In its ongoing battle with US authorities, Amazon has decided to up sticks and move into Canada, where it has permission to test its drone service within eye-shot of American soil.
When Paul Misener appeared before the US Senate recently to discuss the flagging, bureaucratic nightmare that lies in front of those looking to advance drone delivery technology in the US, he did so with a secret.
For as he warned of the woes the US authorities were placing on the shoulders of the likes of Amazon – whose Prime Air delivery plan targets to deliver products below 5lbs within 30 minutes of order – his company were setting up across the border.
In a secret spot, just outside the US, Canada gave permission to test drones within a specific area of airspace. It took the Canadians three weeks to approve Amazon’s request, US authorities have had the same request for over eight months, without responding yet.
What has actually happened is by the time the US Federal Aviation Authority (FAA) approve a drone, it is already obsolete, such is the incredible innovation in the industry at the moment.
“The pace of innovation is so great at this point that our designs are changing very quickly,” Misener told the Guardian. Indeed Gur Kimchi, the man behind Prime Air, can’t even fully predict what lies ahead.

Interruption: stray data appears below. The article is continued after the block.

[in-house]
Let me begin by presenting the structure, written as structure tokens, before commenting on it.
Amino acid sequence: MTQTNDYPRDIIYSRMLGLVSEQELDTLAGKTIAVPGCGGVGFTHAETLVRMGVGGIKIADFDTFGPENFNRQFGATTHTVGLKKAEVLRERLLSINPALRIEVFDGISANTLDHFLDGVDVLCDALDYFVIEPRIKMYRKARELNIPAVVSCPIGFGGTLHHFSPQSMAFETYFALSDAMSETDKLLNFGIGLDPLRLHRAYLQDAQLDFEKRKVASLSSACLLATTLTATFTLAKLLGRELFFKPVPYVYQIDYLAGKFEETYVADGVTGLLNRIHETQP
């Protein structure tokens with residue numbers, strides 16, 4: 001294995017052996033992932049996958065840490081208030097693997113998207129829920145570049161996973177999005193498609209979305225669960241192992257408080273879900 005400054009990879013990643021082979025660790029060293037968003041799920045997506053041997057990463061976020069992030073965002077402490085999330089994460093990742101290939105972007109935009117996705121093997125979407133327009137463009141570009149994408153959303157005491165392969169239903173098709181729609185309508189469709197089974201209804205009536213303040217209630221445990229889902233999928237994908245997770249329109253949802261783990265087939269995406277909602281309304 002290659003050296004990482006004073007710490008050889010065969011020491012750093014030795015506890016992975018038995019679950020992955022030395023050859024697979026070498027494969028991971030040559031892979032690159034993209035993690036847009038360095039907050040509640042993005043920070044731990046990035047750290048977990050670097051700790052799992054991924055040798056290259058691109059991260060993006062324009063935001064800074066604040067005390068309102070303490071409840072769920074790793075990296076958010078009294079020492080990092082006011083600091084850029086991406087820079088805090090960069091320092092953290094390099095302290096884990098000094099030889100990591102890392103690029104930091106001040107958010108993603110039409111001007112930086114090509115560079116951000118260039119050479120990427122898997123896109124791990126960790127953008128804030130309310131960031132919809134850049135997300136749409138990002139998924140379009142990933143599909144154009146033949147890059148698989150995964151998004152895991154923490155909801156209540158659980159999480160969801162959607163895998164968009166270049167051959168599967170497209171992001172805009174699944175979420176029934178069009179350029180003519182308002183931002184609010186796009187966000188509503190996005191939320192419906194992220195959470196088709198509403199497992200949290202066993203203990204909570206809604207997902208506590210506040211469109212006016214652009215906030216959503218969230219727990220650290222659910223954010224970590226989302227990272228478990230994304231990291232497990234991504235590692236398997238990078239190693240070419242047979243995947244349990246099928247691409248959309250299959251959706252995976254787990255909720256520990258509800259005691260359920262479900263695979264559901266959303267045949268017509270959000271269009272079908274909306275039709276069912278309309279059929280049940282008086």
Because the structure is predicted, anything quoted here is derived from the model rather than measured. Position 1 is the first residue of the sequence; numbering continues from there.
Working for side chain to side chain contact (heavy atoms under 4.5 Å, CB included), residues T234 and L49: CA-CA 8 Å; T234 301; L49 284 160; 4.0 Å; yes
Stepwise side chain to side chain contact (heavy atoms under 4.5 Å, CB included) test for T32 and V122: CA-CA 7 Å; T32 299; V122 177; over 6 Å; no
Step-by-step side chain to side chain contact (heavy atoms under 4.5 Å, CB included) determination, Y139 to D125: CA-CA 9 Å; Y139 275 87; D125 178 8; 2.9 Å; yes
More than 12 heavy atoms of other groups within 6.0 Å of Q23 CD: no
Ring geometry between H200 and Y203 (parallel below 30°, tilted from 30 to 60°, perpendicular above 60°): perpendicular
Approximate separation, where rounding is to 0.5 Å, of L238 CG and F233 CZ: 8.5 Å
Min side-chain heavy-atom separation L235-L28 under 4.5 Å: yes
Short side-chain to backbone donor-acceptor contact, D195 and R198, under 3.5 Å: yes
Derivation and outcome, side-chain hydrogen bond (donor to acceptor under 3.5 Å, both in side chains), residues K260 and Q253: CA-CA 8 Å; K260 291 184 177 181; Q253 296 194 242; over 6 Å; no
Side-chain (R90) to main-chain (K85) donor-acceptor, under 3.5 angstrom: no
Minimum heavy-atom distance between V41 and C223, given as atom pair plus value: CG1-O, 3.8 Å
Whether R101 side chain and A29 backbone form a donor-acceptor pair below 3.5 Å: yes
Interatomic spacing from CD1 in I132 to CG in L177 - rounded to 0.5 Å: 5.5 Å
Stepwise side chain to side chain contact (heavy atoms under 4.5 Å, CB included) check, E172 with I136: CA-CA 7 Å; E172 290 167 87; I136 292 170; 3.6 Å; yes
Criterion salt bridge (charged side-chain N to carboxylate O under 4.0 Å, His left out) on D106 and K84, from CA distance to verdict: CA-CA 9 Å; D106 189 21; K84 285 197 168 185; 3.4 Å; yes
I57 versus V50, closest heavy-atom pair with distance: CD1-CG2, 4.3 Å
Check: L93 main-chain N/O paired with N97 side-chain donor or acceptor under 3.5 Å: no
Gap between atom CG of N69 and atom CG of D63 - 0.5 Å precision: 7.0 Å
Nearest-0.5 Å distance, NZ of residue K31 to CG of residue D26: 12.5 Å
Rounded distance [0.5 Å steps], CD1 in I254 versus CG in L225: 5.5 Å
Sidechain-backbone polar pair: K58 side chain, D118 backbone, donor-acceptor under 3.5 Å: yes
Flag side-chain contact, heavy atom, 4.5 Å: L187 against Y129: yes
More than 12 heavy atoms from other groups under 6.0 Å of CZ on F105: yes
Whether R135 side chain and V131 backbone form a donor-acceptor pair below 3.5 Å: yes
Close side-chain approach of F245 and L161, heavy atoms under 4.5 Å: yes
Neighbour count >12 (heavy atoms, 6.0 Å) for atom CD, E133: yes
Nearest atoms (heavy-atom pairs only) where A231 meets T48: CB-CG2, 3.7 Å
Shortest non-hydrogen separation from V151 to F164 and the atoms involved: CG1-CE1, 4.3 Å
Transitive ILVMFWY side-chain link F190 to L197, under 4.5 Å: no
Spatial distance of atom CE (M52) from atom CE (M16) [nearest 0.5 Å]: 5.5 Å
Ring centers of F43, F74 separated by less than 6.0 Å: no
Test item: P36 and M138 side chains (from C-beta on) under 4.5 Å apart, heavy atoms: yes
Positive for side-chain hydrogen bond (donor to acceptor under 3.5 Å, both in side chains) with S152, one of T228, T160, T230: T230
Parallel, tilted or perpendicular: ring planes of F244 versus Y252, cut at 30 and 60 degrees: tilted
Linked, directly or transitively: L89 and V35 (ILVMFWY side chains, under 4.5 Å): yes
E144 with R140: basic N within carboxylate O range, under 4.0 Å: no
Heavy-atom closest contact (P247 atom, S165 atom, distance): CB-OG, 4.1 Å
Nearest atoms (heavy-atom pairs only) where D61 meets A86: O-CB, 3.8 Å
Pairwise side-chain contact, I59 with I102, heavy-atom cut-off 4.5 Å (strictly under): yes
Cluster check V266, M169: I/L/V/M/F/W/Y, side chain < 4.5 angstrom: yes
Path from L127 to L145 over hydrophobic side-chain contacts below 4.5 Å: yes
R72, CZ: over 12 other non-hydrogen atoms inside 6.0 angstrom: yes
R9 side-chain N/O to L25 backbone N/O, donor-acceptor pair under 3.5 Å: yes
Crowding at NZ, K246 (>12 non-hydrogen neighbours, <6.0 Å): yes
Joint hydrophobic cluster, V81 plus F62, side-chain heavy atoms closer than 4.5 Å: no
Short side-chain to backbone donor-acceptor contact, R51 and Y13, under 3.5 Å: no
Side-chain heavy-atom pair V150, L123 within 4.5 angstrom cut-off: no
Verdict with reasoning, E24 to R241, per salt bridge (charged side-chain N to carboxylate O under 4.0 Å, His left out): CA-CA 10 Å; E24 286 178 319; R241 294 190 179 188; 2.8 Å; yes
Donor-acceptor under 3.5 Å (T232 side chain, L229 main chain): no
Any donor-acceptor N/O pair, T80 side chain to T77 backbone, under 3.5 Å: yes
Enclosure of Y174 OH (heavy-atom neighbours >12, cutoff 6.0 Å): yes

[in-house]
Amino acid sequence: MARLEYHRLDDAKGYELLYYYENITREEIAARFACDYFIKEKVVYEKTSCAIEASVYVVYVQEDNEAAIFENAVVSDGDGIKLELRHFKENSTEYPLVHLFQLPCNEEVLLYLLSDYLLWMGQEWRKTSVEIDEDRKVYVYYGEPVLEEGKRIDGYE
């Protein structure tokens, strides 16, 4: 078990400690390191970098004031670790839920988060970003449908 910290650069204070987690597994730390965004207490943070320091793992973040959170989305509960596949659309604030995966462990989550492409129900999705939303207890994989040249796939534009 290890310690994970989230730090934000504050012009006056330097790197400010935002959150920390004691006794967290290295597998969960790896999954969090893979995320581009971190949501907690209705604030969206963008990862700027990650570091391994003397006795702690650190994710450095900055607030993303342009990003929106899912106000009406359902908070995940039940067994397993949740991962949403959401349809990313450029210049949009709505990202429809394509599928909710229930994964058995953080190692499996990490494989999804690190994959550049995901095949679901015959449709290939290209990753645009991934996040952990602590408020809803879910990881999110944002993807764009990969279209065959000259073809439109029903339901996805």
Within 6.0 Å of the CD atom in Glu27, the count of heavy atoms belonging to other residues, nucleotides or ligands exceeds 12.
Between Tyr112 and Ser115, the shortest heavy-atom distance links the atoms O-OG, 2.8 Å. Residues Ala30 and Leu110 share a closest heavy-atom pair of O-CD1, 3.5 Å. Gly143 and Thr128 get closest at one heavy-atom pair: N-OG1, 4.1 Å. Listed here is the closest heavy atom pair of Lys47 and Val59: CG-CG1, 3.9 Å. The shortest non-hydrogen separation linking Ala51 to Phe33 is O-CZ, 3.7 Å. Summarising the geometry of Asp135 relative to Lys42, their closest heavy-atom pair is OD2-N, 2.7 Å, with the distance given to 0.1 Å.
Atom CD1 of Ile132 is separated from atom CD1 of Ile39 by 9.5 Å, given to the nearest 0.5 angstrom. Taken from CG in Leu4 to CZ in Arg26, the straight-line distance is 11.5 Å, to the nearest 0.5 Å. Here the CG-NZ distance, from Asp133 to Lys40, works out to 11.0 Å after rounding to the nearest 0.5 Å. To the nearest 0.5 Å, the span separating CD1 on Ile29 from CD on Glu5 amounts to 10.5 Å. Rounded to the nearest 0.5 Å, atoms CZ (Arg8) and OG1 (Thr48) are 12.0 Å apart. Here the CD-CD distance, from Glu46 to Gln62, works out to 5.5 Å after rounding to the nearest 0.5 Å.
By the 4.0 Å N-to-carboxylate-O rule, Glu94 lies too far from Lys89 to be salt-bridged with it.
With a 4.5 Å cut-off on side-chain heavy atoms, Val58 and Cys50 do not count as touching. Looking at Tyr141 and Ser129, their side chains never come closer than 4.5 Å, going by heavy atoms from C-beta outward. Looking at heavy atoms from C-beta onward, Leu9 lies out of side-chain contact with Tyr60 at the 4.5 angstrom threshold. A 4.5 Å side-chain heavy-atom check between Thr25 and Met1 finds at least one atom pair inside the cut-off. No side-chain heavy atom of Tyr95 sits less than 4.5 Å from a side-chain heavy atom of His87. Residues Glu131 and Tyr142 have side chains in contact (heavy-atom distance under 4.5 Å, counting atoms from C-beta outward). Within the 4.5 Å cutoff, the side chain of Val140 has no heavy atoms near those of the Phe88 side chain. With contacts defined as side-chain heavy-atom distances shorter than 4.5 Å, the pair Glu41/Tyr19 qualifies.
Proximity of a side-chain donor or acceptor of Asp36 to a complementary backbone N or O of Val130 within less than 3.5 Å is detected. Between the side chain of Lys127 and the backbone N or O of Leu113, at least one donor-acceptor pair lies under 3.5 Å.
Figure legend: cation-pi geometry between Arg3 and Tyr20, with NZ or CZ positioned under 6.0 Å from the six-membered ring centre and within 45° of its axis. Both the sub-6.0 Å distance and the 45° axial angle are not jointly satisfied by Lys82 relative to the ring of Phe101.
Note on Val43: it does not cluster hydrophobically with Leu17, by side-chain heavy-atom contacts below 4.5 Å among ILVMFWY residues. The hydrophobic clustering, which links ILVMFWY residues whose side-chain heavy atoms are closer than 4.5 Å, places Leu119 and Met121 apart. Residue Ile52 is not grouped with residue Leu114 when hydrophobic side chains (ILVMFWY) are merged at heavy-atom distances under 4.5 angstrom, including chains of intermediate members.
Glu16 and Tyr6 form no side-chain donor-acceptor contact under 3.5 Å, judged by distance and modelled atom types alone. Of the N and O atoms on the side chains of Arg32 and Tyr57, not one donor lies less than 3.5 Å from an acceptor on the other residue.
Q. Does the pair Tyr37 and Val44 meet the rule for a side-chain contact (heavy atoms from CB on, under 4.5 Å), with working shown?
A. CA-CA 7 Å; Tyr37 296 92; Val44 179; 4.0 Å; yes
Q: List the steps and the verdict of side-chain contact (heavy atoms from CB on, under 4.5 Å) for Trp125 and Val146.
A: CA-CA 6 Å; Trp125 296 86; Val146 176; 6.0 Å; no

“We are going to end up with unique shapes, unique vehicles. The most important part is to develop strong confidence that our system is safe and that we can demonstrate that to customers,” he said.
“You can build a very different world. It can be faster, and safer, and more economic and more environmentally friendly – all of those things, all at the same time.”
So now Canada hosts these innovators, who spend hours testing out drones, establishing their safety, durability and usability.
Indeed Diana Cooper, an Ottawa-based lawyer who specialises in drone regulation, feels this is becoming a nice niche for Canada to be involved in. She goes as far as saying companies from further afield are now looking at Canada as a base for their drone studies.
“It's a great win for Canada," she says.
Amazon is nowehere near ready to actually roll out a drone delivery service any time soon, there’s way too much study to be done on the performance of these machines to do before such an option becomes available.
Although at least in Canada, US companies can start to learn.
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